Music promo is harder than it was in the good ol' days, and easy to use services like Soundcloud have become crowded and easily dismissed by industry gatekeepers. In this video, James Shotwell addresses these drawbacks and details some low-cost alternatives artists should consider.
Guest post by James Shotwell of Haulix
A smart marketing campaign may propel your next release into the spotlight, but you can’t get there without actionable data.
Music promotion is harder than it used to be, and it’s growing increasingly difficult with each passing day. The old method of compiling a list of contacts that artists then send a generic email to with a single link to Soundcloud or Dropbox page rarely produces results. Even worse, the results such efforts do produce are hard to quantify. Here’s an example:
Let’s say I have a new single to promote ahead of its official release. I upload the song to Soundcloud, set the stream to private, and then send the share link the service offers to 500 media contacts. After a few days, I check and discover the song has 250 plays. That information is good to know, but there are many questions Soundcloud cannot help me answer: Who listened to the song? How many times did they listen to the song? Did anyone start the track, but not finish it? And if so, who?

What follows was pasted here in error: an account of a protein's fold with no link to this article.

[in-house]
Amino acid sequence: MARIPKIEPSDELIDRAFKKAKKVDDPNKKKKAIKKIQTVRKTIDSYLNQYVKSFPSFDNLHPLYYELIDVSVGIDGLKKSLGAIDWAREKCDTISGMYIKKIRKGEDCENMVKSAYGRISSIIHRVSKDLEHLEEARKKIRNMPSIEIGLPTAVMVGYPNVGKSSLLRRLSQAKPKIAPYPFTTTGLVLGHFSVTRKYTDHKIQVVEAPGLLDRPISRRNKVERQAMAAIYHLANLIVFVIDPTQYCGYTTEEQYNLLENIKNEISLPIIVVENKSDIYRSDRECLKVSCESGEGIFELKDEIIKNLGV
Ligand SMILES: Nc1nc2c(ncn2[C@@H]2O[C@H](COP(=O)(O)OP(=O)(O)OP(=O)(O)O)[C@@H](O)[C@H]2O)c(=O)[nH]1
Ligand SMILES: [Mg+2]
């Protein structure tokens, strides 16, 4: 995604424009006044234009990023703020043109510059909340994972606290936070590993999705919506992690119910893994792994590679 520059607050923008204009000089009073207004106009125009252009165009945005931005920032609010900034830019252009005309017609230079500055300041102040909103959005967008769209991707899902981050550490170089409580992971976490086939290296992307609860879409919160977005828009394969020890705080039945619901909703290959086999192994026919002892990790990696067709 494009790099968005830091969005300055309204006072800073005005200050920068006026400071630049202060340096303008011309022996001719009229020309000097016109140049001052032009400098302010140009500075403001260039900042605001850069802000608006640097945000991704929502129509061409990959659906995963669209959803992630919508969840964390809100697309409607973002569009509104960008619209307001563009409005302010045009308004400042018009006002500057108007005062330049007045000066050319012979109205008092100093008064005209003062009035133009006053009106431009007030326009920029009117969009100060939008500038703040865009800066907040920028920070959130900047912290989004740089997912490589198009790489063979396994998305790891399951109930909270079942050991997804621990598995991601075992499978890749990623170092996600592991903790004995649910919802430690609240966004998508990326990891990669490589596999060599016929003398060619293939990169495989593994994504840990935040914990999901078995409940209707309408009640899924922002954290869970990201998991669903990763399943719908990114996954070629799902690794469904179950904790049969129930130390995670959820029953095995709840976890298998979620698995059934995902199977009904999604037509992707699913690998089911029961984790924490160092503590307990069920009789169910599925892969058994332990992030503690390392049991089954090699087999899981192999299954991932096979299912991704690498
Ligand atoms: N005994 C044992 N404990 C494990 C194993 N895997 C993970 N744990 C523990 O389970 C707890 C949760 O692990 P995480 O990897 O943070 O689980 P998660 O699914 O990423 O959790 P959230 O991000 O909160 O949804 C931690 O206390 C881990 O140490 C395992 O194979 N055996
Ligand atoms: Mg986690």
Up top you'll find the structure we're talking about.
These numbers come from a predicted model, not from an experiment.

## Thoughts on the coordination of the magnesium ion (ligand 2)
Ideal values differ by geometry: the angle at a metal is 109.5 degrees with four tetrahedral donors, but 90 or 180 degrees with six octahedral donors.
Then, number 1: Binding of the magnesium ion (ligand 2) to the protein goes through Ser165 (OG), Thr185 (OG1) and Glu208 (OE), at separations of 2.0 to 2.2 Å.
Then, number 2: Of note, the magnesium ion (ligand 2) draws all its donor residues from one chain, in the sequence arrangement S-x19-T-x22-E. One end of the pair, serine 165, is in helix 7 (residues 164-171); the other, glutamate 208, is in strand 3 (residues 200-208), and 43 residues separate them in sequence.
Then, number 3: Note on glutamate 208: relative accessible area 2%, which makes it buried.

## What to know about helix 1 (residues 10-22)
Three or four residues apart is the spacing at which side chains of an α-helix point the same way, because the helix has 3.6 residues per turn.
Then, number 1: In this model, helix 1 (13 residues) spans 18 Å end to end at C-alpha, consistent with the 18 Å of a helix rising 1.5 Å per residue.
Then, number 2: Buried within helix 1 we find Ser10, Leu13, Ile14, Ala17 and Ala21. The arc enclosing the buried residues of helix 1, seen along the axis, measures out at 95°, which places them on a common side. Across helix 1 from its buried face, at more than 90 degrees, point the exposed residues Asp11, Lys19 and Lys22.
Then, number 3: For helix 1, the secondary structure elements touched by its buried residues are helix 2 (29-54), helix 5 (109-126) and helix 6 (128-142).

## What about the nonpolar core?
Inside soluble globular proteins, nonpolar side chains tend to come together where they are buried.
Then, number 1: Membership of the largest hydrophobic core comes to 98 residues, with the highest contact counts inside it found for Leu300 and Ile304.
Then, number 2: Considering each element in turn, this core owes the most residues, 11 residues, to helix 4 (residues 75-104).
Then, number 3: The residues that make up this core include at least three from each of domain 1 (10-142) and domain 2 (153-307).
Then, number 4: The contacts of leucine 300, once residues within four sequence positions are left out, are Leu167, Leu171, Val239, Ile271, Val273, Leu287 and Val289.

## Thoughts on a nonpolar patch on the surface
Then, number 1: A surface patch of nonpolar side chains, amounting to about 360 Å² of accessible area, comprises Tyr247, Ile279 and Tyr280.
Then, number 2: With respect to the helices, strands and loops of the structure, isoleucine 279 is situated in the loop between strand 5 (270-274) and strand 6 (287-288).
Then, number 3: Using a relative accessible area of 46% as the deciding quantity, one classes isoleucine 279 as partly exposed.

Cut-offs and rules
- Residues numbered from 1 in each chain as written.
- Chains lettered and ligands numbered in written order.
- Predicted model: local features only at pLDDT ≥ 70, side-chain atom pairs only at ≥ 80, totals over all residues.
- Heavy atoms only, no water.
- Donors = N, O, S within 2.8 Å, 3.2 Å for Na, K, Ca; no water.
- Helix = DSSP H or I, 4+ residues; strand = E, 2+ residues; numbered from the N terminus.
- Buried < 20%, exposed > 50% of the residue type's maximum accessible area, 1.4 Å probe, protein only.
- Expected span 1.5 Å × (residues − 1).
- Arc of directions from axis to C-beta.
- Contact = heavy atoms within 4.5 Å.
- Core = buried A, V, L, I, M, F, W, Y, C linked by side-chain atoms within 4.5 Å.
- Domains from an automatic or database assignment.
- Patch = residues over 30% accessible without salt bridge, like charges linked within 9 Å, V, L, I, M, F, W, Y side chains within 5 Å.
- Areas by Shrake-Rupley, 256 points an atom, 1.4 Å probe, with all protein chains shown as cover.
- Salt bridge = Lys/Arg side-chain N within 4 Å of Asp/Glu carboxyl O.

While the low cost of Soundcloud or Dropbox has long been attractive to artists on tight budgets, the use of such services requires talent to sacrifice the most valuable thing in promotion: Data.
In this episode of Music Biz 101, host James Shotwell addresses the drawbacks to promoting music on Soundcloud and offers a low-cost alternative method of promotion that is used by everyone from Chance The Rapper to Metallica.
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James Shotwell is the Director of Customer Engagement at Haulix and host of the company's podcast, Inside Music. He is also a public speaker known for promoting careers in the entertainment industry, as well as an entertainment journalist with over a decade of experience. His bylines include Rolling Stone, Alternative Press, Substream Magazine, Nu Sound, and Under The Gun Review, among other popular outlets.